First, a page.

Academic journal article
By Scott, Byron T.
Journalism & Mass Communication Educator , Vol. 56, No. 2
* Caudill, Edward; Larson, Edward & Mayshark, Jesse Fox. (2000). The Scopes Thal, A Photographic History. Knoxville, Tenn.: The University of Tennessee Press. 96 pp. Clothbound $45, Paperback, $18.95.
When free speech and ambitions collide the result is high drama and American history. This slim volume uses photographs, most previously unpublished, alongside in-depth captions and commentaries to examine the issues behind the notorious "Monkey Trial" in Dayton, Tenn. over a steamy week in July, 1925. Although the prosecution of high school coach and part-time biology teacher, John Scopes, took place more than 75 years ago, the issues are as fresh as recent school board decisions in Kansas and other states. Revivals of the Broadway classic, "Inherit the Wind," once again are popping up around America with the frequency of Mid-- western thunderstorms.
Teachers at both high school and college levels might find this book a valued supplement in a variety of discussions, whether centered on free speech, covering courts, religious controversy or theater. While the contrasts between historical fact and literary drama are sometimes stark, Caudill's footnote-rich introduction and Larson's captions, averaging over 150 words for each of 37 photos, makes clear that the common, basic issues are the same. The combatants include: evolution vs. The Bible, modernism vs. fundamentalism, individual vs. collective rights, free speech vs. the law, parental control vs. academic freedom.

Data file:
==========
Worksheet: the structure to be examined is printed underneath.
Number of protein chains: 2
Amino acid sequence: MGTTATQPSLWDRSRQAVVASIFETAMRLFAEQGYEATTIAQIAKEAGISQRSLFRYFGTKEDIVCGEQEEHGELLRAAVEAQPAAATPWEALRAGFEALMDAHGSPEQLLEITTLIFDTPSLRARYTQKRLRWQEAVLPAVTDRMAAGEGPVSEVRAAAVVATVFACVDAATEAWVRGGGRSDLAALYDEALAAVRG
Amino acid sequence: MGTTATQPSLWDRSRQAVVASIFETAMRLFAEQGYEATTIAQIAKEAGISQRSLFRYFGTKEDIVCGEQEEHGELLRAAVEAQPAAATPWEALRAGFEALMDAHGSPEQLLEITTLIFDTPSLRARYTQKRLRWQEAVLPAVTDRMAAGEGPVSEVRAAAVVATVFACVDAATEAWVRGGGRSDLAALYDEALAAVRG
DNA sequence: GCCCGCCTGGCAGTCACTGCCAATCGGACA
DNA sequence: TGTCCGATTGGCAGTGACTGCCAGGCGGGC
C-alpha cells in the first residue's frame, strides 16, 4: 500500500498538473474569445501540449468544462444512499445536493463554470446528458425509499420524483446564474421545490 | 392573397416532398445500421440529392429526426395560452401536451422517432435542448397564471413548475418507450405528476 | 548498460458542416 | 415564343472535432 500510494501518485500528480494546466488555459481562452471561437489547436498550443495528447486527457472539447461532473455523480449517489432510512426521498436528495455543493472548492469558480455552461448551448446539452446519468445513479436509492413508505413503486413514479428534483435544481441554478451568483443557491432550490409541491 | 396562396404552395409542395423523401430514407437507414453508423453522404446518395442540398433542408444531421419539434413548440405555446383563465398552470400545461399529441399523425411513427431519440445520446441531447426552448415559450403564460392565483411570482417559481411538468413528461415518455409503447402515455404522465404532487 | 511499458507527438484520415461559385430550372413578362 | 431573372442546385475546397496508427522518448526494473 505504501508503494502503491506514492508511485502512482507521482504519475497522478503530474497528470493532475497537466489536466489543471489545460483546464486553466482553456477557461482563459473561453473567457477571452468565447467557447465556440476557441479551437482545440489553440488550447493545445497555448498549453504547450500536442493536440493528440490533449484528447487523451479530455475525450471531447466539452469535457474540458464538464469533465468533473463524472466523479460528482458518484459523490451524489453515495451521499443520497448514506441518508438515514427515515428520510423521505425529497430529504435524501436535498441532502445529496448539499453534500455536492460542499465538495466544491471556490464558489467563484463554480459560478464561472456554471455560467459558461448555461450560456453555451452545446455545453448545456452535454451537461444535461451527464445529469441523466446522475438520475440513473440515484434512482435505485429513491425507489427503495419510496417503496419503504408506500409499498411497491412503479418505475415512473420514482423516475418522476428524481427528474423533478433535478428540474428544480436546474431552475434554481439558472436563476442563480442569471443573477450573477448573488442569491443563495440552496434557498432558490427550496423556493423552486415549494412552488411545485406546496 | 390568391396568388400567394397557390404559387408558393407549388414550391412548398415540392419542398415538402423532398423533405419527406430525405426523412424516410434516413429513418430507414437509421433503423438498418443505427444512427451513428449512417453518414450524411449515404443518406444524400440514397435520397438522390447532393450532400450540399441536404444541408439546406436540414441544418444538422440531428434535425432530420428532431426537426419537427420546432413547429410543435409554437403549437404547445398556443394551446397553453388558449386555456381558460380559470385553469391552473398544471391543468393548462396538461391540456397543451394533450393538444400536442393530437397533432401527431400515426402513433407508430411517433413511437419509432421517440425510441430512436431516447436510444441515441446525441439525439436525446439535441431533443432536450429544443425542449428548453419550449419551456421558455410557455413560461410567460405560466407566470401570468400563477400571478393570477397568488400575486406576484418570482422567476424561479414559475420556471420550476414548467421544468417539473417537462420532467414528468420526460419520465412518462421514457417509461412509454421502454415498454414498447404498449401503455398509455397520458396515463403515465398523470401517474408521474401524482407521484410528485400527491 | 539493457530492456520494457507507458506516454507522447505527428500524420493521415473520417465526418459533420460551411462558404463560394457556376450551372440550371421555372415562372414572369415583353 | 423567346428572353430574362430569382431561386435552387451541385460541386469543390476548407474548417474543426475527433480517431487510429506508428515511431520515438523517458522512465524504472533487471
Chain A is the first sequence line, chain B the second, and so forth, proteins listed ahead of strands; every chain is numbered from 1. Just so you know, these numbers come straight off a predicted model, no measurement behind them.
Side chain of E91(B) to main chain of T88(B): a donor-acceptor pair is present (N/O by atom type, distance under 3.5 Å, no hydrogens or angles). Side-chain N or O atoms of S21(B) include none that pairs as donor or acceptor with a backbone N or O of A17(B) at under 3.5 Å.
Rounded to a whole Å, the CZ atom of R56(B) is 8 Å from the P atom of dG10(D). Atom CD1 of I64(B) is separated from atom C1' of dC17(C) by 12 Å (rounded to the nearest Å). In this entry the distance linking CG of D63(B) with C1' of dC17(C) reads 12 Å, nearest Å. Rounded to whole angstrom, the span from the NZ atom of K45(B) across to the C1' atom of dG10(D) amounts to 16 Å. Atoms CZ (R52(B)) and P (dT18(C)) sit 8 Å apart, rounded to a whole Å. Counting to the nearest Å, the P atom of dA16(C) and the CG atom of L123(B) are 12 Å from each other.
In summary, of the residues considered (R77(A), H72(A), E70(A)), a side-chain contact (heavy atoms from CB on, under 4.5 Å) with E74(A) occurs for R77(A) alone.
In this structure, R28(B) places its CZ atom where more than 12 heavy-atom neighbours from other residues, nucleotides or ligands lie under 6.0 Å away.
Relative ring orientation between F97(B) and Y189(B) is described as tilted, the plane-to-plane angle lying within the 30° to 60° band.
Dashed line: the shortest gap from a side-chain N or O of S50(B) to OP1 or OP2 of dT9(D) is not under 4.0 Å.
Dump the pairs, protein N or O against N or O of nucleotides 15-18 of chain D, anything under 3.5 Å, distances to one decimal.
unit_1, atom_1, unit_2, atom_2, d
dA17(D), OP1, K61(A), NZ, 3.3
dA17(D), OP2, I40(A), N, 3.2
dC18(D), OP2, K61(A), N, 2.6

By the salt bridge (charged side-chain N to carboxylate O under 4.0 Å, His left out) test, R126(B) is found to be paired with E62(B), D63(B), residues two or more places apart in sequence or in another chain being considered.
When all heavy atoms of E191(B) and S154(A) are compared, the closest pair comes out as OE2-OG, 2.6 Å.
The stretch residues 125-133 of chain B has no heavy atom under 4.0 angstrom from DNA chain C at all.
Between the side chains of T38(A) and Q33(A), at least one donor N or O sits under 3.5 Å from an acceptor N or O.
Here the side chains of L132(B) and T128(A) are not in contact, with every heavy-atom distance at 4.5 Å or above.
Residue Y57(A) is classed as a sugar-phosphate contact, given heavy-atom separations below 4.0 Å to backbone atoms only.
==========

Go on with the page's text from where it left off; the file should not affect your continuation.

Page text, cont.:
Both Caudill and Larson are authors of full-length studies of the Scopes Trial and the issues involved. Larson's book, Summer of the Gods (Basic Books, 1997) won a 1998 Pulitzer for historical writing. Perspective and detail abound in provocative abundance. Both combine wry humor with a journalist's eye for good quotes and meaningful detail.
Combining with the surprisingly sharp black-and-white photos, the authors bring the steamy Rhea County courtroom and the ambitious players to life: the avaricious businessmen of Dayton, who lured Scopes into breaking a controversial law, the American Civil Liberties Union, which invited law-- breakers in defiance to the laws of Tennessee and other states, and the publicity-hungry Clarence Darrow and William Jennings Bryan, who died only four days after the legal spectacle came to its inconclusive end. …